This year marks the 30th anniversary of the Savannah Black Heritage Festival, an annual month-long festival that has become an inextricable part of the cultural fabric of Savannah.
This year's theme, “Celebrating 30 Years of Black History, Culture and Art,” continues a proud tradition and includes an array of programming for people of all ages and from all walks of life.
There will be a variety of tributes in this year's programming to civil rights legend Westley Wallace Law, the founder and former organizer of the festival. The kick off of festivities will be Feb. 1 and 2 with the observation of National Freedom Day, an event initiated by Major Richard R. Wright, a former slave and Savannah State University's first president, to commemorate the signing of the 13th Amendment. The observance will include the broadcast on WHCJ 90.3 of students reading radio speeches originally delivered by Wright.
On Feb. 2, beginning at 10 a.m. simultaneously at the African-American Monument and the World War II Monument on River Street, the Haitian Monument in Franklin Square, and the Vietnam Veterans Memorial in Emmet Park, there will be a memorial wreath laying ceremony. Following the ceremony at 11 a.m. at the Ralph Mark Gilbert Civil Rights Museum, the celebration of the legacy of W.W. Law begins with a youth leadership session and a festival poster art exhibition, with work from local artist Amiri Farris, Peggy Blood, Wendell Smith, and others.
On Feb. 3 at at 3 p.m. at Butler Presbyterian Church, 603 Victory Drive, there will be a recital entitled “Songs of Freedom and Justice” featuring the Savannah State University Chorale.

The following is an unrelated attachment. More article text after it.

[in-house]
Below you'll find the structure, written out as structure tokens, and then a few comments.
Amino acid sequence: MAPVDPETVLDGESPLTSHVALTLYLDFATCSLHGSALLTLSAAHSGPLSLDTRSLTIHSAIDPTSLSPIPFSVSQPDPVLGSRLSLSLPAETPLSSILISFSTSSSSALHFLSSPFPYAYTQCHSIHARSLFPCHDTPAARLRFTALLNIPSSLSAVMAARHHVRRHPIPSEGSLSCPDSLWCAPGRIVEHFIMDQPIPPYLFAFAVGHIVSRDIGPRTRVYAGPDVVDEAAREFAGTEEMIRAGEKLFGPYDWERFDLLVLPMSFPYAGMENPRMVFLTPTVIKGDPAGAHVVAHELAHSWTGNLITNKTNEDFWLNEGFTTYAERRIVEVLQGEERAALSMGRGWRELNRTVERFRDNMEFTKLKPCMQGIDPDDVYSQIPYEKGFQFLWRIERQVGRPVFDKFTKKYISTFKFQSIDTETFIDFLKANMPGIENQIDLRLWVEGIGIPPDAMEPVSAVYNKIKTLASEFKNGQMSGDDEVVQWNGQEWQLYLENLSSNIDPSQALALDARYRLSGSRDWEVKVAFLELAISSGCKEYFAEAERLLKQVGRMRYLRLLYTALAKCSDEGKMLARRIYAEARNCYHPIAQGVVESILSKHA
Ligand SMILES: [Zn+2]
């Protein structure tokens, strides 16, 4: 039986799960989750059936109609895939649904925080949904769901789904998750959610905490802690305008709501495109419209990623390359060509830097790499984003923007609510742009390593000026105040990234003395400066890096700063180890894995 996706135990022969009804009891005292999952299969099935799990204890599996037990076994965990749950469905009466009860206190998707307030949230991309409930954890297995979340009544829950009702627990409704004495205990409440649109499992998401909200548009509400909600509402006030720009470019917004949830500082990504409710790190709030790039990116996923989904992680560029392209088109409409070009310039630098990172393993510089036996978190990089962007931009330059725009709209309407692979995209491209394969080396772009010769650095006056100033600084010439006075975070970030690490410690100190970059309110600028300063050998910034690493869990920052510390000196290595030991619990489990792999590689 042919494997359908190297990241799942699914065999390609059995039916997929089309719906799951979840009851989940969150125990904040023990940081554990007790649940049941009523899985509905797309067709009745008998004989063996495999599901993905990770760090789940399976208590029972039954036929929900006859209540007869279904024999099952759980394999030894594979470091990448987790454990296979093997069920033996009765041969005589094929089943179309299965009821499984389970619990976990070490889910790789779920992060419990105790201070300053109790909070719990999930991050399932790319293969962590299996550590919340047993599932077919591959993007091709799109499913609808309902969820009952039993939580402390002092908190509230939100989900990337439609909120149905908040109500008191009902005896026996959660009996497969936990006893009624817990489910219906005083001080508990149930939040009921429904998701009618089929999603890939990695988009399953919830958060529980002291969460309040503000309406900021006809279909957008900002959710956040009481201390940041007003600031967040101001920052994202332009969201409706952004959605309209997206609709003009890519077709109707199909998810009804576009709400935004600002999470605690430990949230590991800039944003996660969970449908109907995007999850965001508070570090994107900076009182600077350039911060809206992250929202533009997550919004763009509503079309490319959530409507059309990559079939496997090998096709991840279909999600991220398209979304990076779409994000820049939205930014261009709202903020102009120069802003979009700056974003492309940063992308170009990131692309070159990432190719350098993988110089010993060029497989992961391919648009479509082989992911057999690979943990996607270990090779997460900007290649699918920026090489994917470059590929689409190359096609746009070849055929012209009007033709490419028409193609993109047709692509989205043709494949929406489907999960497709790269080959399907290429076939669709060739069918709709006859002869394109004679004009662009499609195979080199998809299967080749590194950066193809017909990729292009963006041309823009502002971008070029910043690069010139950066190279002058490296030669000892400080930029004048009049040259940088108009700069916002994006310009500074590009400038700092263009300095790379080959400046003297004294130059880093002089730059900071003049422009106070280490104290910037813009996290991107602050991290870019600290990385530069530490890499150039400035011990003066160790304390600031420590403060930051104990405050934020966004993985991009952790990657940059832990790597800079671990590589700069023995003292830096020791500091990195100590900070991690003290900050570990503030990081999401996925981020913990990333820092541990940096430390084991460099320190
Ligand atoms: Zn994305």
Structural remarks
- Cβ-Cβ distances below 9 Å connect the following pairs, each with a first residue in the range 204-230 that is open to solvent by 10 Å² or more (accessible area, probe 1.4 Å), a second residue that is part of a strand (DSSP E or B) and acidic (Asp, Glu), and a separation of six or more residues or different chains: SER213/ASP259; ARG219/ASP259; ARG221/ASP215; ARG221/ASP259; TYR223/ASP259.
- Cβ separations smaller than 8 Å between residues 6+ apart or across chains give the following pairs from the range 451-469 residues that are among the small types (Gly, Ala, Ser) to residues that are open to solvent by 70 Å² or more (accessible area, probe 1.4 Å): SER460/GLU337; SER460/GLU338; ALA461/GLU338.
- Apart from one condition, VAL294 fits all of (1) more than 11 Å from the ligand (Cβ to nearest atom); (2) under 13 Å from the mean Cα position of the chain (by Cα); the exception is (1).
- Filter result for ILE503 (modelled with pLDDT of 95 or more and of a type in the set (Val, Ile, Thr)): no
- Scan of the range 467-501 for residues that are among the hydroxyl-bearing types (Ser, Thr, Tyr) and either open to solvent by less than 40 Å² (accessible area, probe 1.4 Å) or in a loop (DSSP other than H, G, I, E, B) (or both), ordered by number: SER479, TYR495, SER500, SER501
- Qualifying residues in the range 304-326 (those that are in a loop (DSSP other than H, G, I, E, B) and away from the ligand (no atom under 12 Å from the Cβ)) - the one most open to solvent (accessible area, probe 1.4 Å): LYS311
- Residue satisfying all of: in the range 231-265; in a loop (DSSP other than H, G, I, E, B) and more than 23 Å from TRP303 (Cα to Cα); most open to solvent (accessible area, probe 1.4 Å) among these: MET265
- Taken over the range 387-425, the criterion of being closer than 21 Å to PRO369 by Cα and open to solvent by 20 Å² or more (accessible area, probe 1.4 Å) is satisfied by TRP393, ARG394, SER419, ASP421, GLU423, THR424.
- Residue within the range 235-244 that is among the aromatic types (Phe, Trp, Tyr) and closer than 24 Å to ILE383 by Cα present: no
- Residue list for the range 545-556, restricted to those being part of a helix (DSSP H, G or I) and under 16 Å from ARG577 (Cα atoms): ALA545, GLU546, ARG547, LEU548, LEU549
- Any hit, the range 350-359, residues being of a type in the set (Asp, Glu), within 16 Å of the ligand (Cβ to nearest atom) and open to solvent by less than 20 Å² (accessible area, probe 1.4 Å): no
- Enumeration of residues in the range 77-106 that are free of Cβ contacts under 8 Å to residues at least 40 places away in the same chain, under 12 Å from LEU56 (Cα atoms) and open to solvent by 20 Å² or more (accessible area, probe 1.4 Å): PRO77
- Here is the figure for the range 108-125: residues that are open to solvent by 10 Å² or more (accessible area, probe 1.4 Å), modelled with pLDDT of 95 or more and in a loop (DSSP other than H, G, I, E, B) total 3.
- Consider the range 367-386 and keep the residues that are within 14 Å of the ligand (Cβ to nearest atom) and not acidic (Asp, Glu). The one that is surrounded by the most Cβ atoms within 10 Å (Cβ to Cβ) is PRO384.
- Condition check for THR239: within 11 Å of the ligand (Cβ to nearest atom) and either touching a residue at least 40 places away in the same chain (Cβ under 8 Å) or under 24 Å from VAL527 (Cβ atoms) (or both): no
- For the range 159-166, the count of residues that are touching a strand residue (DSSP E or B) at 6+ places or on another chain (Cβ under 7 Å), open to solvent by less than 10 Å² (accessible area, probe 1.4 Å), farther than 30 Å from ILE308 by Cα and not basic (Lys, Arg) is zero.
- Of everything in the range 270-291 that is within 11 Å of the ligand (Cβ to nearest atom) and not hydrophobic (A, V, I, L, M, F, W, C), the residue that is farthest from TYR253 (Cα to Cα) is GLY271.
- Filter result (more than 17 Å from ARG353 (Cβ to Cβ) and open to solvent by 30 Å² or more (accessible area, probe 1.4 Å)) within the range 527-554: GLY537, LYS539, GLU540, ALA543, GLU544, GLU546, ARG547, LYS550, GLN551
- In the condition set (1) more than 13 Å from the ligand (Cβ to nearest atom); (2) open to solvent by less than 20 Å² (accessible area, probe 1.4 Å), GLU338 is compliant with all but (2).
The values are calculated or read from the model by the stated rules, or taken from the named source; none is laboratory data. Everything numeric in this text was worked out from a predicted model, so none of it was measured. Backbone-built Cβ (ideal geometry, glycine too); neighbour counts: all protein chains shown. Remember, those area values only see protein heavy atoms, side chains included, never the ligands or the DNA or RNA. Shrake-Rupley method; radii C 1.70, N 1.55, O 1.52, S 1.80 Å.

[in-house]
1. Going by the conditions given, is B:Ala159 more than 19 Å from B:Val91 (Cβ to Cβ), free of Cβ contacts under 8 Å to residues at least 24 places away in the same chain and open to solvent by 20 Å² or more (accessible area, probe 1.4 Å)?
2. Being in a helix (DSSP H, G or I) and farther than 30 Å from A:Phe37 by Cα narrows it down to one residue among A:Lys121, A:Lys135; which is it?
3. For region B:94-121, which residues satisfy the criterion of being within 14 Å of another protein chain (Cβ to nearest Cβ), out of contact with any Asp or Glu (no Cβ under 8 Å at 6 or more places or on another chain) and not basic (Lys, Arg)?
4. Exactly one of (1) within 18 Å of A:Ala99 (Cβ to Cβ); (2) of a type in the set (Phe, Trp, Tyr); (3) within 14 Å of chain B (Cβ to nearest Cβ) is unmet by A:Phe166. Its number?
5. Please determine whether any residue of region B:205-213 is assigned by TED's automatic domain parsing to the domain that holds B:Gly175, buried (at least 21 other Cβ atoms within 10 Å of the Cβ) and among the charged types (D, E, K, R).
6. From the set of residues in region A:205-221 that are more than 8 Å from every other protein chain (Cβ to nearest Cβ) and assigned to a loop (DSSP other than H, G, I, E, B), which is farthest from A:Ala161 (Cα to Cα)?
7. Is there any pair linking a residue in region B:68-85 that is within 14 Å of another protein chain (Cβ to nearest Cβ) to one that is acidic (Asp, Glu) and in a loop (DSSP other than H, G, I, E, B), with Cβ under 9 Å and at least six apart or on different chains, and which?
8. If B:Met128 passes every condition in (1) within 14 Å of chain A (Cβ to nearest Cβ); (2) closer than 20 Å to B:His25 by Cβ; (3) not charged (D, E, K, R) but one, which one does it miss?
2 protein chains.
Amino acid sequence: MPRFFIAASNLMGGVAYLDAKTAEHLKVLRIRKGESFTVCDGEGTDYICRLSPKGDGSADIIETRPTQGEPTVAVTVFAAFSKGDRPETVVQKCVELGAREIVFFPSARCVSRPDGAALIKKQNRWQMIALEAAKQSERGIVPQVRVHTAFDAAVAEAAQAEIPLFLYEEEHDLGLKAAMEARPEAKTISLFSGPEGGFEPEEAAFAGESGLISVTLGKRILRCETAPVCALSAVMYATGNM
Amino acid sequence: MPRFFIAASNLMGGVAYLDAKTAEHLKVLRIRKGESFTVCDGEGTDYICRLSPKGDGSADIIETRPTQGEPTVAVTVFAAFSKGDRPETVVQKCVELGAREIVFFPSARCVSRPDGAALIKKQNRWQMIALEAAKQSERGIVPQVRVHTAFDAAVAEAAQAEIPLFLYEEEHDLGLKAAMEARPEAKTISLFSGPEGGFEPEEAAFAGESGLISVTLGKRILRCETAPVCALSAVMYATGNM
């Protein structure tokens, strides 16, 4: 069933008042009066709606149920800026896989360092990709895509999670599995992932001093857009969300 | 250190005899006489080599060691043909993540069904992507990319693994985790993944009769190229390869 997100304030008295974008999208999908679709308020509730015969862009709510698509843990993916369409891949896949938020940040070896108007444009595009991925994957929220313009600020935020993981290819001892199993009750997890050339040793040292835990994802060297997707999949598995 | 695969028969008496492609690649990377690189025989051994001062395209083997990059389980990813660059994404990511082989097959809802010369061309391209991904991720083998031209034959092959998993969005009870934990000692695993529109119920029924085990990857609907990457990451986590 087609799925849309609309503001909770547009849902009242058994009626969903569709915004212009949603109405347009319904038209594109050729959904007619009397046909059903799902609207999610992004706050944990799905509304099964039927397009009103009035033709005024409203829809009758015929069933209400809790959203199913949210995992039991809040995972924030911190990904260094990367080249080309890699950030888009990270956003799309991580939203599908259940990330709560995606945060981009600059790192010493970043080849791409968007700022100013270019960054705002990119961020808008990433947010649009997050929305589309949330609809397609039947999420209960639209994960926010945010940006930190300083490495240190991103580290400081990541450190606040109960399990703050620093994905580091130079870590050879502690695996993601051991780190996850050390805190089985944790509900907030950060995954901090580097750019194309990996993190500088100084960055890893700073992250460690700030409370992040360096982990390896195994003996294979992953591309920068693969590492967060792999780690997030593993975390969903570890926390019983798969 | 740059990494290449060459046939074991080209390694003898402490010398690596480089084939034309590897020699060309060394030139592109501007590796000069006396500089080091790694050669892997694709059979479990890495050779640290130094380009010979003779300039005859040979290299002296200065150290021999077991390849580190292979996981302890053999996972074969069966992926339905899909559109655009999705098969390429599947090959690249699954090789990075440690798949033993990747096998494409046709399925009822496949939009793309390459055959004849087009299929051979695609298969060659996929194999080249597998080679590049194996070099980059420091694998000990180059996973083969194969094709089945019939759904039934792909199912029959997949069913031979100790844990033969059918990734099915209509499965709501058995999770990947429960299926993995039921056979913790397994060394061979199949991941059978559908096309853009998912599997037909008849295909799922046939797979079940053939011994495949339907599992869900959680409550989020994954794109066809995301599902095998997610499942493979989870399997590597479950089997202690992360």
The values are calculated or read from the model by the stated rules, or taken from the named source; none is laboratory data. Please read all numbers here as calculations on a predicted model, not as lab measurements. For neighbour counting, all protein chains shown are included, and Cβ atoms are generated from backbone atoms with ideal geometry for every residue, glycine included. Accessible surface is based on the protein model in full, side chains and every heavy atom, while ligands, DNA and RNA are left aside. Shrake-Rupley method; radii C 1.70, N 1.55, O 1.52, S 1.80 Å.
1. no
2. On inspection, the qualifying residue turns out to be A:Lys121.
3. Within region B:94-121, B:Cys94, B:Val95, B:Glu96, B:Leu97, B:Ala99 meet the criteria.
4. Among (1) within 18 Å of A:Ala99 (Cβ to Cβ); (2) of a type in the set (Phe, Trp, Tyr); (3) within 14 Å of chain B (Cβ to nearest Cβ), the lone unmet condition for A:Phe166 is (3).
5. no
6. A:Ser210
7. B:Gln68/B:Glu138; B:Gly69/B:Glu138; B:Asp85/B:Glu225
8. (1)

On Feb. 4 at 6:30 p.m. at St. Philip AME Church, 613 Martin Luther King Jr. Blvd., Benjamin F. Chavis will deliver a lecture focusing on the many cultural and civil rights contributions of W.W. Law. Chavis is president and CEO of the National Newspaper Publishers Association, the CEO of the Hip-Hop Summit Action Network, and the leader of the Wilmington 10, so his talk should prove to be one of the highlights of this week's events.
On Feb. 5 and 6, there will be a series of events by the Cleo Parker Robinson Dance Ensemble of Denver, Colo. On Feb. 5 at 6:30 p.m., artistic director Cleo Parker Robinson will host a public conversation at the First Congregational Church, 421 Habersham St., where she will highlight various African-American cultural and historical influences on modern dance choreography. On Feb. 6, the ensemble will present their premiere evening performance at the Johnny Mercer Theater in the Savannah Civic Center, which will also include a ceremony for 2019 festival honorees Peggy Blood, Kenya Cabine, Cynthia Collins, andCheryl Dozier.
The Feb. 6 performance will be the third appearance of the dance ensemble in Savannah. The event is free; seating is on a first-come, first-served basis with a limited reserved-seat section for military families and seniors. Any unfilled seats will be released 10 minutes prior to curtain call.
Mark your calendar for the Feb. 9 Grand Festival Day, which will include a variety of offerings throughout the all-day affair.
Check out next week's Do for more details, including highlights of other events happening that week.